The just concluded regular legislative session that failed to produce a budget was more memorable for what did not happen than what did.
There were many floor discussions and debates, but no votes cast on a host of issues that, had there been definitive action taken would have marked this session as one of the most remarkable in years. The House majority Democrats who ultimately control the agenda gave themselves oratorical platforms from which to express their views: on recreational marijuana, elimination of the electoral college, controversial violent conflicts between police and civilians and electronic tolls, to name a few.
But no votes were taken because the votes to pass the bills did not exist. Democrats held sway from these soapboxes to speak to their constituents, all the while knowing this was pure political theater.
The biggest non-vote of course, was on the only matter the State Constitution requires the legislature to resolve: balancing the budget. That awaits in a special session on a yet to be determined date as budget talks now proceed while the clock ticks on how to handle a $5.1-billion deficit for the next two years.
As House Republicans, we have hewn to a consistent line: no tax increases whatsoever. And we have called the proposed state employee union concessions negotiated by Gov. Dannel P. Malloy insufficient to warrant extending the current fringe benefits package, including health care and retirement plans, another five years to 2027.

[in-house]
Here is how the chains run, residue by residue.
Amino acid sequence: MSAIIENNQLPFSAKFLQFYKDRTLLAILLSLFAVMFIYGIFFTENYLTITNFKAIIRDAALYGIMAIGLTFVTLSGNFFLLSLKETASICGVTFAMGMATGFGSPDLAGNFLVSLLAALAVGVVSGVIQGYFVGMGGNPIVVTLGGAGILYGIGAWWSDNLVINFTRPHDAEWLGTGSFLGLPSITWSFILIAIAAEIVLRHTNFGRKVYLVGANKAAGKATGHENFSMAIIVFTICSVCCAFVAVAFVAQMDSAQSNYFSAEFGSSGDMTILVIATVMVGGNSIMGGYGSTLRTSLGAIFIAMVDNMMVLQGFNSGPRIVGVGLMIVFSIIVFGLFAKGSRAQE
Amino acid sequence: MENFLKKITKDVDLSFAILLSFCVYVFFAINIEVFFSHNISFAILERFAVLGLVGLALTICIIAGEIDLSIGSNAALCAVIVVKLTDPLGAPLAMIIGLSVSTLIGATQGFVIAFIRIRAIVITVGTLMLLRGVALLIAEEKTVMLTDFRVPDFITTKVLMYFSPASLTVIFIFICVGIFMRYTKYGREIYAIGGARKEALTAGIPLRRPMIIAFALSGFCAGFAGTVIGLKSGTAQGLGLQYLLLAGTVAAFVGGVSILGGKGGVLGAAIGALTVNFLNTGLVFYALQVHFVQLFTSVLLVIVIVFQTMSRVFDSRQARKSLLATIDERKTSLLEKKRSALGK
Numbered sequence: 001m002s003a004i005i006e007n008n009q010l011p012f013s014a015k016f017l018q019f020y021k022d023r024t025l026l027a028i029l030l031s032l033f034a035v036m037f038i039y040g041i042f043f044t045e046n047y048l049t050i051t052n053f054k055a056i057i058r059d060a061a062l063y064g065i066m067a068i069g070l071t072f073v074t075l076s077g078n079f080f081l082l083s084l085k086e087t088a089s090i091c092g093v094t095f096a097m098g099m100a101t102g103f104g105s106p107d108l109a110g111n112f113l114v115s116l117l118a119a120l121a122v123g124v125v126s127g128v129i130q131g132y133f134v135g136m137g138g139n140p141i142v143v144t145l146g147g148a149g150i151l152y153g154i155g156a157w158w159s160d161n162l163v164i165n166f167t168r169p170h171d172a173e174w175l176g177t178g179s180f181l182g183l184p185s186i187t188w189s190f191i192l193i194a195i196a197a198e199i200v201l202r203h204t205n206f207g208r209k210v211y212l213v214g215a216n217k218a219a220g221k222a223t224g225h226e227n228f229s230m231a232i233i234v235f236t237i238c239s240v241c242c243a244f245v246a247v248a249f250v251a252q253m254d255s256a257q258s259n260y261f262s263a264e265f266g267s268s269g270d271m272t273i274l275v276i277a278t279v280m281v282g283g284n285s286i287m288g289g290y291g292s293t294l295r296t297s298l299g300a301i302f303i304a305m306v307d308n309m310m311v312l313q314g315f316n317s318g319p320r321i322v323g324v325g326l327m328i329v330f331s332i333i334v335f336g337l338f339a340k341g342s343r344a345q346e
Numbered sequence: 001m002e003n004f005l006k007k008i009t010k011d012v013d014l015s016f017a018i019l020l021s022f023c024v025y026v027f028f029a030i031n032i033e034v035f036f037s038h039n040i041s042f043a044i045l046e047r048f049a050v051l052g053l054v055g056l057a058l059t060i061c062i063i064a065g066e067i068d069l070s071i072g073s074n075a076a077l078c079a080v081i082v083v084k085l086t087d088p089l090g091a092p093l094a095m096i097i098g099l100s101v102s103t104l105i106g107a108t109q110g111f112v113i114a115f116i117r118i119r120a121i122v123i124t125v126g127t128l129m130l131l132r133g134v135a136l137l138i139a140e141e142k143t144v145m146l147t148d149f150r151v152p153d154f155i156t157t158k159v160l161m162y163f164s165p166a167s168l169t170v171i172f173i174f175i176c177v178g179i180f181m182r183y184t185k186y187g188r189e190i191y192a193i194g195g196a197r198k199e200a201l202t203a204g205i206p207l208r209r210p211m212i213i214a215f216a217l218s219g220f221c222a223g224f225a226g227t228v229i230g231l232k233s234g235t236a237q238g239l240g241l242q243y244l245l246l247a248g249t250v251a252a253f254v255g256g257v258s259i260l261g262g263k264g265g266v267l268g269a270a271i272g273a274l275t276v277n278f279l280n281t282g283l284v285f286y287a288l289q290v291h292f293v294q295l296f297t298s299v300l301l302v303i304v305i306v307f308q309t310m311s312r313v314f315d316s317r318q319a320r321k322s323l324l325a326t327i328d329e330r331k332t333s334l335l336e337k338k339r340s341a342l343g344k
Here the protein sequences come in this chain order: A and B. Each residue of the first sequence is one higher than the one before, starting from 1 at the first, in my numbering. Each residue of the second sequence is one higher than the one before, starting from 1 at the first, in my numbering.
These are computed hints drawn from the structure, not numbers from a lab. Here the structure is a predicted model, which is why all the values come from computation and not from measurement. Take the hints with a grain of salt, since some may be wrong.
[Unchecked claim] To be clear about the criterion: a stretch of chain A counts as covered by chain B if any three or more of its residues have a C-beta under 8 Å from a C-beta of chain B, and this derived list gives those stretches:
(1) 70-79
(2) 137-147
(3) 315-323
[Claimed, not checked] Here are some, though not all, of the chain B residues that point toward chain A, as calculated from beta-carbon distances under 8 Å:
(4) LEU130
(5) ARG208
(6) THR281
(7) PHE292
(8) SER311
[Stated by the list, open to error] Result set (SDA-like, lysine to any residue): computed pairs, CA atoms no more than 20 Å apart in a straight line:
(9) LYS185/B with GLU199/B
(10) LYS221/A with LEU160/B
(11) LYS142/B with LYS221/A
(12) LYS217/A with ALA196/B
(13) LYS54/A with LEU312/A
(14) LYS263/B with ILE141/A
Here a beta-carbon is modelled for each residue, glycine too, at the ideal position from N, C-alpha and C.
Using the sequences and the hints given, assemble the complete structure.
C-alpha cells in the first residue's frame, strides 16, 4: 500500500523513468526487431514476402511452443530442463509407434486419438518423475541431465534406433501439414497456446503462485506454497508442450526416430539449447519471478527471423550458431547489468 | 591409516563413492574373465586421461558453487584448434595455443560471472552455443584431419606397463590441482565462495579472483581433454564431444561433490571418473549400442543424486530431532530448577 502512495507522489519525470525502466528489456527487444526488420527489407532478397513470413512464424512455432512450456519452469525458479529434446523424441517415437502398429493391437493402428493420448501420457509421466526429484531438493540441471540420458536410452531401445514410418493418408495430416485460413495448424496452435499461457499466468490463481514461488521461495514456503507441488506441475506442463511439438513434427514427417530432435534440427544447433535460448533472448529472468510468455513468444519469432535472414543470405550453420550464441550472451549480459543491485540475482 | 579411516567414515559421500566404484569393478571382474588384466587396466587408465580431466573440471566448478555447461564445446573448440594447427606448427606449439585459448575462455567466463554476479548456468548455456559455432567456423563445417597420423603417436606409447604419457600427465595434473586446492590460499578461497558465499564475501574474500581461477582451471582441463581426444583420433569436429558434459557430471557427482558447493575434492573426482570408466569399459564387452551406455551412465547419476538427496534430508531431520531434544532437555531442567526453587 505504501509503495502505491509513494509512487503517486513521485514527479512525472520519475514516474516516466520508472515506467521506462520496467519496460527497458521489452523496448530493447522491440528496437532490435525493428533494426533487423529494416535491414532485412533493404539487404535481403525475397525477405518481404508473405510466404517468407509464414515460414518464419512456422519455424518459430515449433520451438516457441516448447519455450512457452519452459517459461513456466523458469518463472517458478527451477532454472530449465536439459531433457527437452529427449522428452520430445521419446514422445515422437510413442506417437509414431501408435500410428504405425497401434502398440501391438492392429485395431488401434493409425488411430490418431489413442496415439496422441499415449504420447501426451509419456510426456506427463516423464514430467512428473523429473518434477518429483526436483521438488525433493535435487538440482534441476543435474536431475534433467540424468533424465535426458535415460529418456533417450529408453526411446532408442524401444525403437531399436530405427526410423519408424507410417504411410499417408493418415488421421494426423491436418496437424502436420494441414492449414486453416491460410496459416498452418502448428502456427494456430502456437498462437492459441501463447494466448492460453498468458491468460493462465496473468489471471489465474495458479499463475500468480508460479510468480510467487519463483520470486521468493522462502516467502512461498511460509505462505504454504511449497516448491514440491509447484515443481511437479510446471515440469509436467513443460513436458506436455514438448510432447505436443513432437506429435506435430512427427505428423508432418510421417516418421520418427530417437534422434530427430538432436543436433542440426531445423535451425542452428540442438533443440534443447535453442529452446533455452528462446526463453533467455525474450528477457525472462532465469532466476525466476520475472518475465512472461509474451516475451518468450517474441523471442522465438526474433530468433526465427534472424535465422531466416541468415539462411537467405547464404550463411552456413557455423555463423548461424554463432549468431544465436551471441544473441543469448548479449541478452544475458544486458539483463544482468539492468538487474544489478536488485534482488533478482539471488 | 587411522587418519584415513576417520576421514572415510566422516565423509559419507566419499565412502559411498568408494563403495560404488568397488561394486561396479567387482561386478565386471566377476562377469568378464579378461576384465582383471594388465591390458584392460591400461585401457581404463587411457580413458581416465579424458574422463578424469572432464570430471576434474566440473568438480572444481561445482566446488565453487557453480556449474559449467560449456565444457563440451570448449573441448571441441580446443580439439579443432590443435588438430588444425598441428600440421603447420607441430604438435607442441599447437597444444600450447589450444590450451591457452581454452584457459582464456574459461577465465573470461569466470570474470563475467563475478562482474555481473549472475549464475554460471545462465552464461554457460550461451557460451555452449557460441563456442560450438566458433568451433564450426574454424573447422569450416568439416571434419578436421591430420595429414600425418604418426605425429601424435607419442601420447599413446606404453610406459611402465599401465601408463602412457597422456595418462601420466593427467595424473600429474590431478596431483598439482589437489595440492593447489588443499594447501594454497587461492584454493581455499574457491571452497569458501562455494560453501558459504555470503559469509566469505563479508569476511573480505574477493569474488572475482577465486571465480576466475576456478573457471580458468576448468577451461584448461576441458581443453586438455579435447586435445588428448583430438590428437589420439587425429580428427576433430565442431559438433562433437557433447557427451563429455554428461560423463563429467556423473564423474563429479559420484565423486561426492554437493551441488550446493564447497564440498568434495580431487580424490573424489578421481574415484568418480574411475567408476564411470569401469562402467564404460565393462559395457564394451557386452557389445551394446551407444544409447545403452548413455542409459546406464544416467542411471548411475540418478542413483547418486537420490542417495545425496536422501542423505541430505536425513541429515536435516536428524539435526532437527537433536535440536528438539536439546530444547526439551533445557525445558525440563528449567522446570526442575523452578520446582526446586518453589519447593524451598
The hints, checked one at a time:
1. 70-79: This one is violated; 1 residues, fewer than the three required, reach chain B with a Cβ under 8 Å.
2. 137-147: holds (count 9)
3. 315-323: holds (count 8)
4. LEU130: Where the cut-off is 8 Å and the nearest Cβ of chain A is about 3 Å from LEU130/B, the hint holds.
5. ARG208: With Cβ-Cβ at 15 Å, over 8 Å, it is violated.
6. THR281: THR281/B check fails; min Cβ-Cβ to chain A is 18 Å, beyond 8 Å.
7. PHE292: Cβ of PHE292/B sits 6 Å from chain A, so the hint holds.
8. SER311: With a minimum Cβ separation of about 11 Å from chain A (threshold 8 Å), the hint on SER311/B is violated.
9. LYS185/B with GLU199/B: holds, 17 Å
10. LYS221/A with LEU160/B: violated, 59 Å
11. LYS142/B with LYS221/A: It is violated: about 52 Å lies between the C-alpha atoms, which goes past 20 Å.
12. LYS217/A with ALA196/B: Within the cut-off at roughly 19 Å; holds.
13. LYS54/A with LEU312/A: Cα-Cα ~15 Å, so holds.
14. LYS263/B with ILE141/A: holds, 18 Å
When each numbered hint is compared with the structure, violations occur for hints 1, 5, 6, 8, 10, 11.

Doing that would prevent future governors and five new legislatures from making substantive changes, when necessary, to prevent Connecticut from sinking deeper into the next fiscal abyss.
During budget talks late in the legislative session Democrats accused us of caring more about the 2018 elections than solving the state’s financial dilemma. That’s funny because just a few years ago when the Democrats enjoyed huge advantages in the House and Senate they did not care much for Republican ideas or insist that we had to be part of the budget solution.
In 2010 the House was dominated 114-37 by Democrats and for the last six years it has been all one-party rule by Democrats. Now, with a tied Senate at 18-18 and the slimmest Democratic margin in the House in 30 years, the panicked Democrats have sought to spread blame around for the state’s financial calamities and cry “politics’’ when we have disagreements over the budget.
Democrats have acknowledged in recent weeks that they will likely need Republican votes to solve the budget crisis, and that may well be true. But if the final solution does include core elements of the Republican proposals the prospects of that are dim. In addition to the no-tax increase plan, House Republicans have endorsed a rock solid Constitutional spending cap, an honest bonding cap that will not commit future generations to more massive debt and structural efficiencies in state government.
We sit at the negotiating table with Democrats and the governor focused on the current problems that the Democrats have failed to address for the last six years, not 2018.
House Republican Leader Themis Klarides serves the 114th General Assembly District covering Woodbridge and parts of Orange and Derby.